With a focused passion to uphold the integrity and quality of journalism, Ain Bandial and three colleagues made the brave move of starting Brunei Darussalam’s first digital only media company in September 2017.
Eyebrows may have been raised as such a venture had yet to be undertaken. Three years on, the Scoop now has a monthly readership of 80,000 viewers, with 70,000 social media followers.
“Our company is founded and run by journalists who see this as an essential public service, and our values are to put our readers and newsroom first. This can be difficult as we are particular to the types of advertising or investments that we can take. We have intentionally kept our structure and team small to maintain our independence and agility.
“Reporting in Brunei tends to be very top-heavy, and doesn’t necessarily reflect the experience of ordinary Bruneians. We want to see stories about ordinary citizens reflected in the media we consume. This platform allows us to engage in a longer form of journalism, providing more analysis and context into issues being experienced by this community.
“During COVID-19, accurate and timely news reporting became even more important. Public panic contributed to misinformation, which spread quickly through social media and messaging services. The velocity with which fake news could spread did prompt a greater degree of transparency from the government, with the health ministry chairing press conferences every day, which helped combat misinformation by keeping people up to date with the latest developments.
“The Scoop started a live blog when COVID-19 f irst hit Brunei, so we could update our readers on the latest developments throughout the day. We found it better to centralise information in a live document so people could access all relevant information in a single location. This way our readers could learn about new restrictions being introduced and how it would impact people’s lives. We saw that as our role. The live blog was a break away from our usual feature of posting articles during the work week. With COVID-19, we now work seven days a week.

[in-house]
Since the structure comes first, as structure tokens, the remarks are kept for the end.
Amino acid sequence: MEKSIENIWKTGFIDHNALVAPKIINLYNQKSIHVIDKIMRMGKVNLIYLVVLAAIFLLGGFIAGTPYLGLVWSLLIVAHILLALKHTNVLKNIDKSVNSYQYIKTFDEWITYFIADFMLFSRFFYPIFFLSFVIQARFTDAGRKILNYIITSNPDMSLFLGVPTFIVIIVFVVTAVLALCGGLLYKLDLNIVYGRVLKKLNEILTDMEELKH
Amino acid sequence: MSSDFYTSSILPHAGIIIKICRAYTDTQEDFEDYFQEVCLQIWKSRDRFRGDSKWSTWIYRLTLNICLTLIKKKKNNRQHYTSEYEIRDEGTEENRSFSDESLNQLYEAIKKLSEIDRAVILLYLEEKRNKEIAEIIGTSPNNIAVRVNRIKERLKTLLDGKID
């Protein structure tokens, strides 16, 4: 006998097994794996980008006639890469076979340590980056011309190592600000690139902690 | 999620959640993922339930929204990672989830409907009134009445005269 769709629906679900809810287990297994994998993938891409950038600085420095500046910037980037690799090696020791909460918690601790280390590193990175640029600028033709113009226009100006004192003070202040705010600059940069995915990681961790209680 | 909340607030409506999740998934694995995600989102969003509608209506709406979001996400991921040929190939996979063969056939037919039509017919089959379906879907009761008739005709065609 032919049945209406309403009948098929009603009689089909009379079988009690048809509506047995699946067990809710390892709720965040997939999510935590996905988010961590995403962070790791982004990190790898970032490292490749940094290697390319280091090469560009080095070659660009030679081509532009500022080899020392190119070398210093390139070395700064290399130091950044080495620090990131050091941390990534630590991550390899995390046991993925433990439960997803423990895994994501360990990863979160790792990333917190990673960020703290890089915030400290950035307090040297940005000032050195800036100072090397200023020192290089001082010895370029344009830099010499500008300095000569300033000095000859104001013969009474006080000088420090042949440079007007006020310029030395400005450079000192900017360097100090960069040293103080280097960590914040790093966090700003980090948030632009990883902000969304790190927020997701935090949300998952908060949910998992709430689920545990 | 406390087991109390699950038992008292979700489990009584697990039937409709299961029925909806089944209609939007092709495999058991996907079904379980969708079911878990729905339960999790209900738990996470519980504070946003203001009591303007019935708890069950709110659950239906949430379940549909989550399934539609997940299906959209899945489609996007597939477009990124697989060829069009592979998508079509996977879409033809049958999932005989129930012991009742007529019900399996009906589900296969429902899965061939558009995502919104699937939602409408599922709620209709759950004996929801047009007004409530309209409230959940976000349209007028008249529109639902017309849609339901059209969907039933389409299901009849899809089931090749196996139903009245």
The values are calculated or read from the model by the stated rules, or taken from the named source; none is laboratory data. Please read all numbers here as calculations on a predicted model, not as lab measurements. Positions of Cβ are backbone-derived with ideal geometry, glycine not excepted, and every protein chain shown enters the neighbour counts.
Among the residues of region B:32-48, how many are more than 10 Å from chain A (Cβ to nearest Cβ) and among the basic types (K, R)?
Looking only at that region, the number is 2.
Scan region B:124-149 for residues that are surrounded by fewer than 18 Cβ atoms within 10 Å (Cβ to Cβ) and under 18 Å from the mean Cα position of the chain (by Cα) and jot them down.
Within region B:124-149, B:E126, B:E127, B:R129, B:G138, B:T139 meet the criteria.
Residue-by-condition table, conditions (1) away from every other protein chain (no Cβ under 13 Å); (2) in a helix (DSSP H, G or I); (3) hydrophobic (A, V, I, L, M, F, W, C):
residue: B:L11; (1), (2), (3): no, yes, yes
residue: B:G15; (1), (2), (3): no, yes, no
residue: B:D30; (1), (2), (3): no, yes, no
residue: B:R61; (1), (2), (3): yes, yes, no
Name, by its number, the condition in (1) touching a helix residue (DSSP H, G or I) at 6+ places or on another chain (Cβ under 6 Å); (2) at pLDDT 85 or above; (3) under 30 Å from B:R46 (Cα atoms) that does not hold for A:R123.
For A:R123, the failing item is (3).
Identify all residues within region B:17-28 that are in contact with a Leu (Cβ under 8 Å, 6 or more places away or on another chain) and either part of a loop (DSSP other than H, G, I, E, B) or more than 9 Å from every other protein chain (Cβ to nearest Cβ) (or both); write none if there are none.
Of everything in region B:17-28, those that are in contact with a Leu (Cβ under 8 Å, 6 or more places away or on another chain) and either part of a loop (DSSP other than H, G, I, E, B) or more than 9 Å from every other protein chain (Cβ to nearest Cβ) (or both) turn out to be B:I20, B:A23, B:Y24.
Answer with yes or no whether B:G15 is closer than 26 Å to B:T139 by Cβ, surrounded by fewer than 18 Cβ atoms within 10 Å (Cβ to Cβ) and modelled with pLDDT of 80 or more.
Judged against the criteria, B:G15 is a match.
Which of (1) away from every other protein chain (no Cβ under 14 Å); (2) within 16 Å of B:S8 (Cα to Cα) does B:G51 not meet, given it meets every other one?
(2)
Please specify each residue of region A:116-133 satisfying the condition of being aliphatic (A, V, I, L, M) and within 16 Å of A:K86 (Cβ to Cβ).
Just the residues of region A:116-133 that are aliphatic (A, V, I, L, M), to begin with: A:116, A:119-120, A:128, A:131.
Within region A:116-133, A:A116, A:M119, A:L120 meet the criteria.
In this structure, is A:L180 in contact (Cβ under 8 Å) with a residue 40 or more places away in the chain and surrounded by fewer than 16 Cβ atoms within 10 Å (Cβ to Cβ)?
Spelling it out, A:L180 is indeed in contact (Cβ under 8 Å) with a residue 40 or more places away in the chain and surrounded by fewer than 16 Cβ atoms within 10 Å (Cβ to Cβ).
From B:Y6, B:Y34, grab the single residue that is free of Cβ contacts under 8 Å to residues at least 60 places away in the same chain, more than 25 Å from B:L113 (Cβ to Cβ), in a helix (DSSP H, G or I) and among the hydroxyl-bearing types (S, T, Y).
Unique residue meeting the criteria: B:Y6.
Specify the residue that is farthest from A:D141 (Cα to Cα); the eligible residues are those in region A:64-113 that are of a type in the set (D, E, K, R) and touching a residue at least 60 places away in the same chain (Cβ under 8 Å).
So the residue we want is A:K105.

“We took a human interest angle to see how COVID-19 has impacted people, not just from a health perspective. We looked at how COVID-19 impacted different sectors of the community, in particular small businesses. Lots of people lost their jobs, especially those in the private and informal sectors, but this isn’t necessarily reflected in government data. The impact of COVID-19 restrictions on the mental well-being of groups who faced particular social isolation – such as children learning from home, the elderly, or people with disabilities – also hasn’t been properly examined. Consistently listening to these stories of hardship was at times difficult and emotional, but it is our responsibility to report on what is happening on the ground accurately, despite the upbeat assessments of other parties.
“A lot of people reached out to us on social media out of desperation. Through the daily press conferences, they saw us as having a direct line of appeal to cabinet ministers. Many people who reached out had been let go or furloughed by their employers, others had paid leave deducted from their contract even when they were under mandatory self-isolation. There were lots of issues regarding how COVID-19 restrictions had affected employment and labour rights that we tried to raise during the press conferences.
“Continuing to work and keep our own staff paid during the pandemic has also not been easy. From mid-March to July, we worked for 110 days without a day off. At the beginning of the domestic outbreak, our reporters faced heightened risk by reporting in the field or at health facilities. We lost over 90 percent of advertising revenue between March and July. All these factors have taken a significant toll on our company and staff. But we wouldn’t do it if we didn’t believe in our mission to serve and inform our community.
Interviewed by Kiran Sagoo, PhD. The conversation has been edited and condensed for clarity. The views and opinions expressed in the text belong solely to the interviewee and do not reflect the official policy or position of ASEAN.